Review – LG Signature OLED65G6P

LG Signature OLED65G6P

LG Signature OLED65G6PIt is generally recognized that LG’s trend of producing thoroughly excellent, wildly expensive televisions using high-performance organic light-emitting diode (OLED) panels continues in 2016 with the LG Signature G6 line. LG also adds high dynamic range (HDR) to its ultra high-definition (UHD, or 4K) panel, with support for both Dolby Vision and HDR-10. All of that, combined with a built-in soundbar and an impossibly thin design, will cost you; the 65-inch OLED65G6P we tested retails for $7,999.99. Still, despite the price, the design, along with the picture and sound quality, are impressive enough to earn the Signature G6 a perfect score and our Editors’ Choice designation for ultra-high-end televisions, replacing last year’s LG 65EF9500$4,999.99 at Dell.


The G6 uses LG’s newest connected television platform, WebOS 3.0. It’s similar to earlier versions of the OS in terms of interface design and available features. It uses the same angular menu bar along the bottom of the screen that displays apps, services, sources, and other functions in a single line. It also offers the same collection of apps, including 4K streaming services like Amazon, Netflix, Vudu, and YouTube.

WebOS 3.0 adds a new My Content feature that lets you pin your favorite movies and shows to a quick-access menu on the left side of the screen. Any content you select as a favorite will appear on the menu, with quick access through streaming services that offer it. A My Channels menu has also been added right below My Content, letting you select up to 10 favorite channels to access quickly. The G6 is compatible with most set-top boxes, and integrates channel navigation into its menu system. It also supports 3D content, and includes two pairs of passive glasses.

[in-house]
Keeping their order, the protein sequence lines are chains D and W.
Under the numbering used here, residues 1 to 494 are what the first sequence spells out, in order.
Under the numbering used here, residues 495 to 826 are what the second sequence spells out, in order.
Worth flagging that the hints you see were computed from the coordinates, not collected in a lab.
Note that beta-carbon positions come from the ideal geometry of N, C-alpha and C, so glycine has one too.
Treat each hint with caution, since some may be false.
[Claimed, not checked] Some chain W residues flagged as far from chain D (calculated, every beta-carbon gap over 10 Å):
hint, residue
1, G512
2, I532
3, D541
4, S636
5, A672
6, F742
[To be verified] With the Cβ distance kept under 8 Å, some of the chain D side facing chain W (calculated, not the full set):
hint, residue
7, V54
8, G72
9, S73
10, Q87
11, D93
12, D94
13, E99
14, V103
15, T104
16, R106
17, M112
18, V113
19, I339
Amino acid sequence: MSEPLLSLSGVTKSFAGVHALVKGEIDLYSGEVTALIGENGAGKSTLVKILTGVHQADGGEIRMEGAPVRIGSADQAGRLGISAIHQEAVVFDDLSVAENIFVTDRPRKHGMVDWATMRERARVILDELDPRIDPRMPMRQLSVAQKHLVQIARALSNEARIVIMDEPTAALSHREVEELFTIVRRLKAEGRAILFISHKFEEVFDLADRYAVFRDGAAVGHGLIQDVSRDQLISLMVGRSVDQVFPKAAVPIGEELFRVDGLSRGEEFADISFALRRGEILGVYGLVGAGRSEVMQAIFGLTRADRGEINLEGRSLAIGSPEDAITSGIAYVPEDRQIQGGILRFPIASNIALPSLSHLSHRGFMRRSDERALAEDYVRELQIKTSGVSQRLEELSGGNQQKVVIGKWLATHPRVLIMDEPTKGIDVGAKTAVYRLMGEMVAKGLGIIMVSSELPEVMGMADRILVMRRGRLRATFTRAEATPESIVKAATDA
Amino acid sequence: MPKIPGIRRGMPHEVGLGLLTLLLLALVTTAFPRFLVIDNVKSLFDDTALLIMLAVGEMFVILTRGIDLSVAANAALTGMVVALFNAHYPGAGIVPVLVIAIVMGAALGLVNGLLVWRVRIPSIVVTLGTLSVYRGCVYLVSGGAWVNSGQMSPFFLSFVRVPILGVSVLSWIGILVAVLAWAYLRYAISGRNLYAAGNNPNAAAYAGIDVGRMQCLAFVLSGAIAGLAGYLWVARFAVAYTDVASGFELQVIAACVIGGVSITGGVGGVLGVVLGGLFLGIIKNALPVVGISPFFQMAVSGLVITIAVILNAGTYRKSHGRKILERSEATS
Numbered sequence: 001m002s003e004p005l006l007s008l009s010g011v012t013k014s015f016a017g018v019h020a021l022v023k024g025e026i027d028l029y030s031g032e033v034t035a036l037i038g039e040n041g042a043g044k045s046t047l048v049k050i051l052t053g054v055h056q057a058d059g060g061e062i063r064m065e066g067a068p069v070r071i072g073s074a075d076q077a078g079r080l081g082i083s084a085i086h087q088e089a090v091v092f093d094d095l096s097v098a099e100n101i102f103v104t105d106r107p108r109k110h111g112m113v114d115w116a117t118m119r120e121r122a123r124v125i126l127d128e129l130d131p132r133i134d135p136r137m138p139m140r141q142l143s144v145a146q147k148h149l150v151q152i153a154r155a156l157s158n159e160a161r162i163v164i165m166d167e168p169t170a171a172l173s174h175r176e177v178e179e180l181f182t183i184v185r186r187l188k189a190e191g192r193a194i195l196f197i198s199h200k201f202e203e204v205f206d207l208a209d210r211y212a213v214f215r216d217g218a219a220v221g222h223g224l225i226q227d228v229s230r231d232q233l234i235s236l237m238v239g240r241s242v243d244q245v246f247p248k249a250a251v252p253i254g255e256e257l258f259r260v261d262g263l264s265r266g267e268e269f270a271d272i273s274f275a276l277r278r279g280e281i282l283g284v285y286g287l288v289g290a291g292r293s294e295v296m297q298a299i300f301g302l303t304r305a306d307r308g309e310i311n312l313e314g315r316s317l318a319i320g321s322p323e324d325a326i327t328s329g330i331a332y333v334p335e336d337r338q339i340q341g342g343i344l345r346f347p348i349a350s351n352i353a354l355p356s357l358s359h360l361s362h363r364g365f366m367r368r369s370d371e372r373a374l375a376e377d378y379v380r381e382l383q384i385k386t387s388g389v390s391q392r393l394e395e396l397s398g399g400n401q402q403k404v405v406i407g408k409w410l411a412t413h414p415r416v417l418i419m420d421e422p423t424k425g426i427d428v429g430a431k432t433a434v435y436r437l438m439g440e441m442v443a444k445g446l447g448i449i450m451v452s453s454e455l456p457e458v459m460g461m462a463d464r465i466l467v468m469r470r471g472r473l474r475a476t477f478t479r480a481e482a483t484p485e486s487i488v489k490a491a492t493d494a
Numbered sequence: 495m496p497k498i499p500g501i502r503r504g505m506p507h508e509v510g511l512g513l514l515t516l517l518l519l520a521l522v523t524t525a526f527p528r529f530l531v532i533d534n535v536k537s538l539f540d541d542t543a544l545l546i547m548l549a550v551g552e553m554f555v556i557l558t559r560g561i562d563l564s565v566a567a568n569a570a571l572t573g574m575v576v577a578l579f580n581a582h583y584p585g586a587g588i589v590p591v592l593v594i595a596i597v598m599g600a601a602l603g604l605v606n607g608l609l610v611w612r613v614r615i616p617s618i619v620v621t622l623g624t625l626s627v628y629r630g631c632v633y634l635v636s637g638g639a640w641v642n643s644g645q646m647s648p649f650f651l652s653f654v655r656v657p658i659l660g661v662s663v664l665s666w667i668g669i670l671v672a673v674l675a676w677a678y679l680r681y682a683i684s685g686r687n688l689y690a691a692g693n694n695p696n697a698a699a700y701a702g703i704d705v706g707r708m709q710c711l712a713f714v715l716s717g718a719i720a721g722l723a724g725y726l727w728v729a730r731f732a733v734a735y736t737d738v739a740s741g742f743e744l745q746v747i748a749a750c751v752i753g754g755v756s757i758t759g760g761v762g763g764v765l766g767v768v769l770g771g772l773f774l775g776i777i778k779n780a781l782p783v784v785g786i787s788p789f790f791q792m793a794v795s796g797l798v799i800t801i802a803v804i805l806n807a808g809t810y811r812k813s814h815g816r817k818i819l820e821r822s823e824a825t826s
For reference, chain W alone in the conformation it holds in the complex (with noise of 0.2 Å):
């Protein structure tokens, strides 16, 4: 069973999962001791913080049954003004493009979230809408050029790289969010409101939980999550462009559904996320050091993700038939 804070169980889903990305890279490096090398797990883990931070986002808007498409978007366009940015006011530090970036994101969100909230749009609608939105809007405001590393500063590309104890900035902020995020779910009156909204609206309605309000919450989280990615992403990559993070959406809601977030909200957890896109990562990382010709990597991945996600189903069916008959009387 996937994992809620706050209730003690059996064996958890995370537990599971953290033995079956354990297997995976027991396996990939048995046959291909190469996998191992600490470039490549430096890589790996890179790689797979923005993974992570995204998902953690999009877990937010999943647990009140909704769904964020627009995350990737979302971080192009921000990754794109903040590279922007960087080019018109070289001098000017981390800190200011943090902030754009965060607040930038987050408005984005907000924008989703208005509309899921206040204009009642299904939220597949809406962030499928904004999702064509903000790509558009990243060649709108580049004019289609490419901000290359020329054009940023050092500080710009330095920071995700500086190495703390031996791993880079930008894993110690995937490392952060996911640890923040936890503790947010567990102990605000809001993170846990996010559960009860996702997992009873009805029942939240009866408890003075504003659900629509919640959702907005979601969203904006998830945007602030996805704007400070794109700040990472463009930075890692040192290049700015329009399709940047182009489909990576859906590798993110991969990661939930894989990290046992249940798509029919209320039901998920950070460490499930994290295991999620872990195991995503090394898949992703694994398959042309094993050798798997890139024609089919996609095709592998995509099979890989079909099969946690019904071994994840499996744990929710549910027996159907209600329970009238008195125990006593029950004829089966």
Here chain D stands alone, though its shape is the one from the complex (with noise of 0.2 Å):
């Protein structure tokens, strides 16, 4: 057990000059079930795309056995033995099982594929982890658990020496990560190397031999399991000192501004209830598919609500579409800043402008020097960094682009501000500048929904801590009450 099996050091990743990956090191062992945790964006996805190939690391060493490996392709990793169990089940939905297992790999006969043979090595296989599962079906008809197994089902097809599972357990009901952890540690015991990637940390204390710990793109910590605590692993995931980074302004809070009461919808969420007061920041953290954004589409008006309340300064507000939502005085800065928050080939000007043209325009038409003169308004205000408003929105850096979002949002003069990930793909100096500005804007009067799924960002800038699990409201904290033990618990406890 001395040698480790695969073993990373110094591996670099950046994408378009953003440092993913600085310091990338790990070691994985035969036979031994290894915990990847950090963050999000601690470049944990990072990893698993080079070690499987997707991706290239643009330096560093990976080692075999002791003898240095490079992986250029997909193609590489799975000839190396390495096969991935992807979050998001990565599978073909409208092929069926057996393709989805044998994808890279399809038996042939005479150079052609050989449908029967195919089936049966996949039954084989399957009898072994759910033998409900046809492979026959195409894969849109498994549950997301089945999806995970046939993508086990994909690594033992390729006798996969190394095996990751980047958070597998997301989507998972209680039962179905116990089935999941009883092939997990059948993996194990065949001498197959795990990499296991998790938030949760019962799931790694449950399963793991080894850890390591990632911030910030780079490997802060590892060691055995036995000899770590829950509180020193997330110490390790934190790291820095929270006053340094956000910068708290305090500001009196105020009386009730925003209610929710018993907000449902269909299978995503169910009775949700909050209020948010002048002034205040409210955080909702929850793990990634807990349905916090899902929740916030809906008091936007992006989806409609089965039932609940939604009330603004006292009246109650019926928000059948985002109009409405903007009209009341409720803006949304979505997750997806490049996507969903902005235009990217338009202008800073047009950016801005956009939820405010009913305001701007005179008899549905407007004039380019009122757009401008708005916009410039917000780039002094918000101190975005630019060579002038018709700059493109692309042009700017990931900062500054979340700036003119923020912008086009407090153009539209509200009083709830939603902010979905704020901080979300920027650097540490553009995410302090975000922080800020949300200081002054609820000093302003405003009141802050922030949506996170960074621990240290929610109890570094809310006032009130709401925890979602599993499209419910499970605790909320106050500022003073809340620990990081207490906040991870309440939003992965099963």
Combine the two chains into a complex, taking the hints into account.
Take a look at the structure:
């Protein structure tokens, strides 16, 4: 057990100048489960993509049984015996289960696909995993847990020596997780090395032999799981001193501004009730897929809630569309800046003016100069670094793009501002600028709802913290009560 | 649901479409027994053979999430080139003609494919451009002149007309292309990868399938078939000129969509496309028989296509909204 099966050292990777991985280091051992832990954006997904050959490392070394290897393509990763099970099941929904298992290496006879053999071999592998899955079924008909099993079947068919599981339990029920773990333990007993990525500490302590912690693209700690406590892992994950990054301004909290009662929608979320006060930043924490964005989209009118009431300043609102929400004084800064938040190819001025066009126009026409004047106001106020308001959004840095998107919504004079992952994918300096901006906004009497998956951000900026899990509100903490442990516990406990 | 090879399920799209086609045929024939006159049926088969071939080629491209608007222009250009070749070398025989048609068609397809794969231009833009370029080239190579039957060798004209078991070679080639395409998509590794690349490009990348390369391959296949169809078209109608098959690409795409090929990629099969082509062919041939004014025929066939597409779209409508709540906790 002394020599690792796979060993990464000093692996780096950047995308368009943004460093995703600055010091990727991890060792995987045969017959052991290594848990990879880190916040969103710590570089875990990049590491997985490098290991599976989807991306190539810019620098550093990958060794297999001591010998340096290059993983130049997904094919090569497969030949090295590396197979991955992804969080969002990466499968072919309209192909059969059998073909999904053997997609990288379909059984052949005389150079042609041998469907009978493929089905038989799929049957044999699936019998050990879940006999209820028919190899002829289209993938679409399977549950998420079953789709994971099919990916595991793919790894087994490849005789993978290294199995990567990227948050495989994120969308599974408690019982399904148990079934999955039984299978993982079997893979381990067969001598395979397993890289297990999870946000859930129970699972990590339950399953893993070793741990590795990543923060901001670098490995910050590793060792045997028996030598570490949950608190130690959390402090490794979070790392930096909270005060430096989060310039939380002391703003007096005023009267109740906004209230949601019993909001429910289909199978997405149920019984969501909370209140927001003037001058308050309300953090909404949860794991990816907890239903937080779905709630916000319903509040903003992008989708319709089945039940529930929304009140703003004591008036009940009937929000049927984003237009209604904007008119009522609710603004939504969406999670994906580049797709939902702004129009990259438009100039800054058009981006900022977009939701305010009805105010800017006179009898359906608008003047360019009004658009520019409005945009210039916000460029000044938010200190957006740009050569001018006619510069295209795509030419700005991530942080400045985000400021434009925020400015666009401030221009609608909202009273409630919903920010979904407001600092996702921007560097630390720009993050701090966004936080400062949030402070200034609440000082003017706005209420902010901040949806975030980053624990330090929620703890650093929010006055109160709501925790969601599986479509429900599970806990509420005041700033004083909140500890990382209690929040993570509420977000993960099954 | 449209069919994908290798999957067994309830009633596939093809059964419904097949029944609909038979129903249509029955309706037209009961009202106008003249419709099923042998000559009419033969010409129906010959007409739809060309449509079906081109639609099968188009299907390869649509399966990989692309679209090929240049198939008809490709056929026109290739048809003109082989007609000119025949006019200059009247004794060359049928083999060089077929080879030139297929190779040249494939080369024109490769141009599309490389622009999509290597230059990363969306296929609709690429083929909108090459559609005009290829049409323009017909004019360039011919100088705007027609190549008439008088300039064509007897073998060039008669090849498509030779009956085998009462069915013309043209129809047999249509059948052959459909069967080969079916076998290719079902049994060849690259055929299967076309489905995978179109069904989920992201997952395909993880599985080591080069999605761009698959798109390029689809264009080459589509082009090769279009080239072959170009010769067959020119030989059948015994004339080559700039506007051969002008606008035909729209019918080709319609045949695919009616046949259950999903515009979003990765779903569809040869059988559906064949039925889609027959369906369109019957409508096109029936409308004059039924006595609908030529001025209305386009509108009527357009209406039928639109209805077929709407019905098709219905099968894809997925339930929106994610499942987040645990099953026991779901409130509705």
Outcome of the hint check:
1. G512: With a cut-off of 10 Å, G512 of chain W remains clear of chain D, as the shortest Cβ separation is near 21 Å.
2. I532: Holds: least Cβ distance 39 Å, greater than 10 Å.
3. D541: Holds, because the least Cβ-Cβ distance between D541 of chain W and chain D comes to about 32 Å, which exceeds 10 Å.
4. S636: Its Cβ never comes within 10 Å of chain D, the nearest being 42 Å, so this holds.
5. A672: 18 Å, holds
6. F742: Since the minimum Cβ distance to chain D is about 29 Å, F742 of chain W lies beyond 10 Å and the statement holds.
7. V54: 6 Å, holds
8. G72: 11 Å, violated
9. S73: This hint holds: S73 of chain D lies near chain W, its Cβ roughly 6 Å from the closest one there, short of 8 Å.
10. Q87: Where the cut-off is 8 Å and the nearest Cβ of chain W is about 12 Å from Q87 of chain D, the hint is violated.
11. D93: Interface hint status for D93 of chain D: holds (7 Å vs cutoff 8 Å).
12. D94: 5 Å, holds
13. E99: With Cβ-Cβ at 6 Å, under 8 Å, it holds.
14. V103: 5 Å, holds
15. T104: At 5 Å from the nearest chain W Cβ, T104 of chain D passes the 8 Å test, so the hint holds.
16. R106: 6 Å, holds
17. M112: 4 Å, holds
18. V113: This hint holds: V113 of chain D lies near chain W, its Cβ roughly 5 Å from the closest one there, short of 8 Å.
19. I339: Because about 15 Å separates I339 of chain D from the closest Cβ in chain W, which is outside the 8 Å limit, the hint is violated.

We test televisions with a DVDO AVLab 4K test pattern generator, a Klein K-10A colorimeter, and SpectraCal’s CalMAN 5 software. Like all other OLED televisions we’ve tested, the G6 is capable of displaying perfect black, emitting absolutely no light. We measured its peak possible brightness at 386.17cd/m2, excellent performance for an OLED panel, and about the same as the LG 65EF9500. Because of its perfect black levels, the G6’s contrast ratio is “infinite” (though, more precisely, it simply can’t be mathematically calculated).

The chart above shows ideal color values as boxes and measured values of colors in the G6’s wide gamut setting as dots. The television can reach well beyond expected color measurements, while not showing much noticeable skewing of any given color away from what it should be. The 65EF9500 also showed excellent range, but the G6 seems to reach a bit further more consistently, particularly with greens and reds.

LG Signature OLED65G6P


Earlier LG OLED televisions have striking designs, but the G6 outdoes them all. The entire flat panel is mounted on a single sheet of glass, which is less than a quarter of an inch thick. There’s a rectangular protusion on the back, which houses some of the electronics and connects the panel securely to the base.

The base is a stylish, two-inch-tall near-trapezoid with horizontal metal strips running along the edge. It conceals a 60-watt soundbar designed by Harman Kardon, along with the G6’s various connections, including an antenna/cable connection, a combination composite/component video input, an Ethernet port, four HDMI inputs, an optical audio output, an RS232C connector, and three USB ports. As such, it’s an integral part of the television itself, and you can’t use the screen without the base installed in some way.

When used as a stand on a table, only the front two inches of the base are visible as a rectangle jutting forward from the screen. The rest sits hidden behind the panel. The base can also be installed vertically on the panel for wall mounting; LG says this altered orientation won’t hurt the soundbar’s performance.